A young boy called Conor who is struggling to cope as his mother battles cancer is visited by a monster (voiced by Liam Neeson) who tells him 3 stories, before demanding Conor tells him one in return.
Prepare your hearts horror fans, because the scariest thing about A Monster Calls is how emotional it is. I am not afraid to admit that I cried buckets. Coming from director J. A. Bayona (The Orphanage, The Impossible) it should not be surprising to learn that A Monster Calls is relentlessly heart-breaking and never entirely abandons its sombre tone, even during its more uplifting moments. It will swing you from sadness to sadness, gripping you like a vice until you dare not breathe in fear of more tears rolling down your cheek. Its grasp on your heart is earned and never will you feel manipulated, because the humane story at its monstrous centre is unbearably real. I am sure that many will find its story hard to sit through as they realise much of the story feels frightening close to home, because let’s face it, many of us have will have stared it in the face. Whether it be a friend, a colleague, a family member or yourself, that bastard cancer has touched many lives and A Monster Calls is a touching, realistic exploration of one family’s struggle. For all its moments of fantastical beauty, this story is grounded in a scary reality.
I’ll put the sadness to one side now, because I think you get it. What about the “horror” side? Let’s face it, this isn’t really a horror film. It has horror elements, but it’s not something you’re going to watch to give yourself nightmares. With Bayona at the helm, however, it’s impossible (get it?) for the film to fully avoid being a teeny bit scary, and I mean a teeny bit. As the film caters to a more family-friendly audience, Bayona teases horror and plays with the tropes we’d come to expect from a film that is traditionally, straight down the line scary. When the monster first awakens and strides to Conor’s home in the dead of night, trashing everything in its path and booms, “I’ve come for you!” it’s a bit unnerving, I must say. Aside from being mind-blowingly gorgeous, the visuals and the CGI used during this scene embrace a horror visual palette. Conor looks out the window and it looks as if hell is about the break loose; the house is shaking, objects move start to move around, ominous clouds are forming in the distance, shadows approach and the pitch-black sky suggests blood may just about pour from it. It’s a much-welcomed jolt of gothic intensity that injects A Monster Calls with slight, noticeable terror.
The visuals are impeccable. The dream-like scenes and moments of pure fantasy are a joy to watch. The use of water-colour effects bring to life the Monster’s story in a perfect way to separate them from the rest of the film, but also mirroring Conor and his mother’s interest in art and adding another layer of beauty to the film’s already overflowing allure. It’s a gorgeous and assured vision that blends fantasy and reality as perfectly as the novel by Patrick Ness. Readers of Ness’ book should find lots to love in the cinematography and effects that bring this difficult story to life, but also in the script that has so clearly had the author’s touch. It’s rare for a film to be completely faithful to the novel that it is based on, but A Monster Calls appears to manage this difficult task effortlessly.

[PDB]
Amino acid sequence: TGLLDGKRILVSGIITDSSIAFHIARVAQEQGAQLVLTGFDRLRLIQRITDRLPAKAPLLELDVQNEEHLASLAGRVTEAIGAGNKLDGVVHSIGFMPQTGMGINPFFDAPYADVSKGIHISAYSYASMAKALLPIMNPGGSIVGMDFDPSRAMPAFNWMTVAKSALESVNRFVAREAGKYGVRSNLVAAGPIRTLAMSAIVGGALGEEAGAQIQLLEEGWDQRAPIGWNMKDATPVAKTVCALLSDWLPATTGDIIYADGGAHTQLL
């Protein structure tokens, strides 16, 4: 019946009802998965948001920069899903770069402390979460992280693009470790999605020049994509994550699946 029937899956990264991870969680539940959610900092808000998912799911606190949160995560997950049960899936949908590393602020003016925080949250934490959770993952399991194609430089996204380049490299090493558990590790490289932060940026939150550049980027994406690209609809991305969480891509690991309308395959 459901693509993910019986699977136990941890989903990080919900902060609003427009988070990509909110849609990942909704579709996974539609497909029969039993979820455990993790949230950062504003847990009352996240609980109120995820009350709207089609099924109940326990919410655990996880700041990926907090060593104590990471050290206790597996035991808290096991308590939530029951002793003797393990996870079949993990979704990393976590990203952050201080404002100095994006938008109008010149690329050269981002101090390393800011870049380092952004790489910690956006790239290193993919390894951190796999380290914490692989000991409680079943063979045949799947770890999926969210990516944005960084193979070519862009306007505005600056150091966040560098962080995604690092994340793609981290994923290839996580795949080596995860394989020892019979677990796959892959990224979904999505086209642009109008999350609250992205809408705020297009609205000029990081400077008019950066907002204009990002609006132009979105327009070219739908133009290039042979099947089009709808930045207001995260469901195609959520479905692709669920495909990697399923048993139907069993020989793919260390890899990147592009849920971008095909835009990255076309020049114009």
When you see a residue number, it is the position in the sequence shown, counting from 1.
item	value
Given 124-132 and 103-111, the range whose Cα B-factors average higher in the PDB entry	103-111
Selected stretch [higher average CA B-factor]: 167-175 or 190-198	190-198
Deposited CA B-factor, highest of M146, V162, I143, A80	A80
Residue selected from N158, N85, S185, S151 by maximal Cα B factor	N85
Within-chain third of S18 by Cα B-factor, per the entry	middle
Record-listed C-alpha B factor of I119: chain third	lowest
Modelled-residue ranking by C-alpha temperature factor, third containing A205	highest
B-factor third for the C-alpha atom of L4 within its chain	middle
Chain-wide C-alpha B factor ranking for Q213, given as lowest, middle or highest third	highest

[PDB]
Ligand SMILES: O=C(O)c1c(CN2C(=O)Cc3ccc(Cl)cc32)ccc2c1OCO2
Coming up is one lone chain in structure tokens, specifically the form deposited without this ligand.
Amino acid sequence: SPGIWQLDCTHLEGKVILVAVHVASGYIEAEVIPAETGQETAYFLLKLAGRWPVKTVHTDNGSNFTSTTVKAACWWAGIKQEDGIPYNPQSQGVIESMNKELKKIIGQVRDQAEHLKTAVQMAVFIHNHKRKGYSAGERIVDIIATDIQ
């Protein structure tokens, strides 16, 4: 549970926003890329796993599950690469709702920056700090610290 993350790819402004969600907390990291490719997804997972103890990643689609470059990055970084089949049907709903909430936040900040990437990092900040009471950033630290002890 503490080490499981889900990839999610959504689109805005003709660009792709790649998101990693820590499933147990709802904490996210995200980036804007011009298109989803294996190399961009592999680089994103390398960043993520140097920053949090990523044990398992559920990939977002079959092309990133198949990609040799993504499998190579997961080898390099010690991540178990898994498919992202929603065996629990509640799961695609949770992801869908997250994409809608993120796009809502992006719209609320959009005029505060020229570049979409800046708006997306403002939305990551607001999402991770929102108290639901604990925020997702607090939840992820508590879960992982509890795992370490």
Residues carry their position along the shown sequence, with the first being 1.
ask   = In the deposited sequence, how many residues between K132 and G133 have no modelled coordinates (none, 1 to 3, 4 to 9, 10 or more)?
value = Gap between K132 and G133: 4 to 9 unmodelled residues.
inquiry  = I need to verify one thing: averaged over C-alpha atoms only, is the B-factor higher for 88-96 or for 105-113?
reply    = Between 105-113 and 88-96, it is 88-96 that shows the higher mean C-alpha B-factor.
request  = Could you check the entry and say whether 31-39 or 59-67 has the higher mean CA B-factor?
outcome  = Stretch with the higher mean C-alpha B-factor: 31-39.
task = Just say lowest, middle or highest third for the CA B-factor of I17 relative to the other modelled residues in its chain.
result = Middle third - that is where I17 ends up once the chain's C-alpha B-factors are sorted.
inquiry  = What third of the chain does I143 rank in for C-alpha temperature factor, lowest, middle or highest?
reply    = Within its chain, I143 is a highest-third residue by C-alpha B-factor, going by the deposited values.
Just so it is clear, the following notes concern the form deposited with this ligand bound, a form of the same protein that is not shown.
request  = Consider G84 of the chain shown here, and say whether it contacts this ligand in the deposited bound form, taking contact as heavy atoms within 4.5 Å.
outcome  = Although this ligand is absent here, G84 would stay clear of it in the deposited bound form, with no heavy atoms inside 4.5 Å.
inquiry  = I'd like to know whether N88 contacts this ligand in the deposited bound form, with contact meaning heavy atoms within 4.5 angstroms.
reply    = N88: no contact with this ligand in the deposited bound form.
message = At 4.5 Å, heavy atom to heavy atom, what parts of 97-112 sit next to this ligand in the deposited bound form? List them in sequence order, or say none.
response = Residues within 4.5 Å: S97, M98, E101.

The story rings well-known bells that chime the tones we’ve heard in The BFG; especially the first time we meet the Monster and The Neverending Story; bullies will be bullied, but for all its familiarity, A Monster Calls still bursts with overwhelming imagination and creativity. There is plenty of sadness to seep through, but when you get to the real beating heart of A Monster Calls, you will see that there is a tale that simply wants to stress the importance of storytelling and the complexities that reside within simple rights and wrongs. It’s a celebration of humanity that wants to remind us we’re not perfect and that’s perfectly fine. It’s a lesson in bravery, togetherness, hope and love, but also an ode to horror and the necessity of fright.
The only slight negative about A Monster Calls is the cast. Aside from Liam Neeson who sounds like he was born for this role and Felicity Jones who is appropriately tear-jerking, the rest of the cast are a little bit lousy. Even Sigourney Weaver is below par with her British accent; couldn’t we have just had a genuine British person in the role? There’s plenty of us, I swear. As Conor, Lewis MacDougall falters early on, but grows in the role and gets stronger as the narrative progresses. Perhaps it was too much for him to take on such a tragic, important role, but there is definitely a spark missing in his performance. As Conor’s father, Toby Kebbel is useless, so in a way, he’s perfect for the character. However, it feels as though not an ounce of truth is spoken from him, which makes him an implausible father figure. His lines are flatly delivered and there is no emotion in his voice at all, which is obviously, an important part of this highly stirring piece of cinema. It’s a tragedy that the cast should let down what would otherwise be a wholly stunning effort, but they still don’t manage to stop A Monster Calls from being one of the most affecting films to ever grace the screen.
If you’re after a good old cry with a sprinkling of horror and a generous helping of visual delights, then this is for you. It will take your breath away, but I warn you; pack those tissues.
Words: Jessy Williams (@JessyCritical)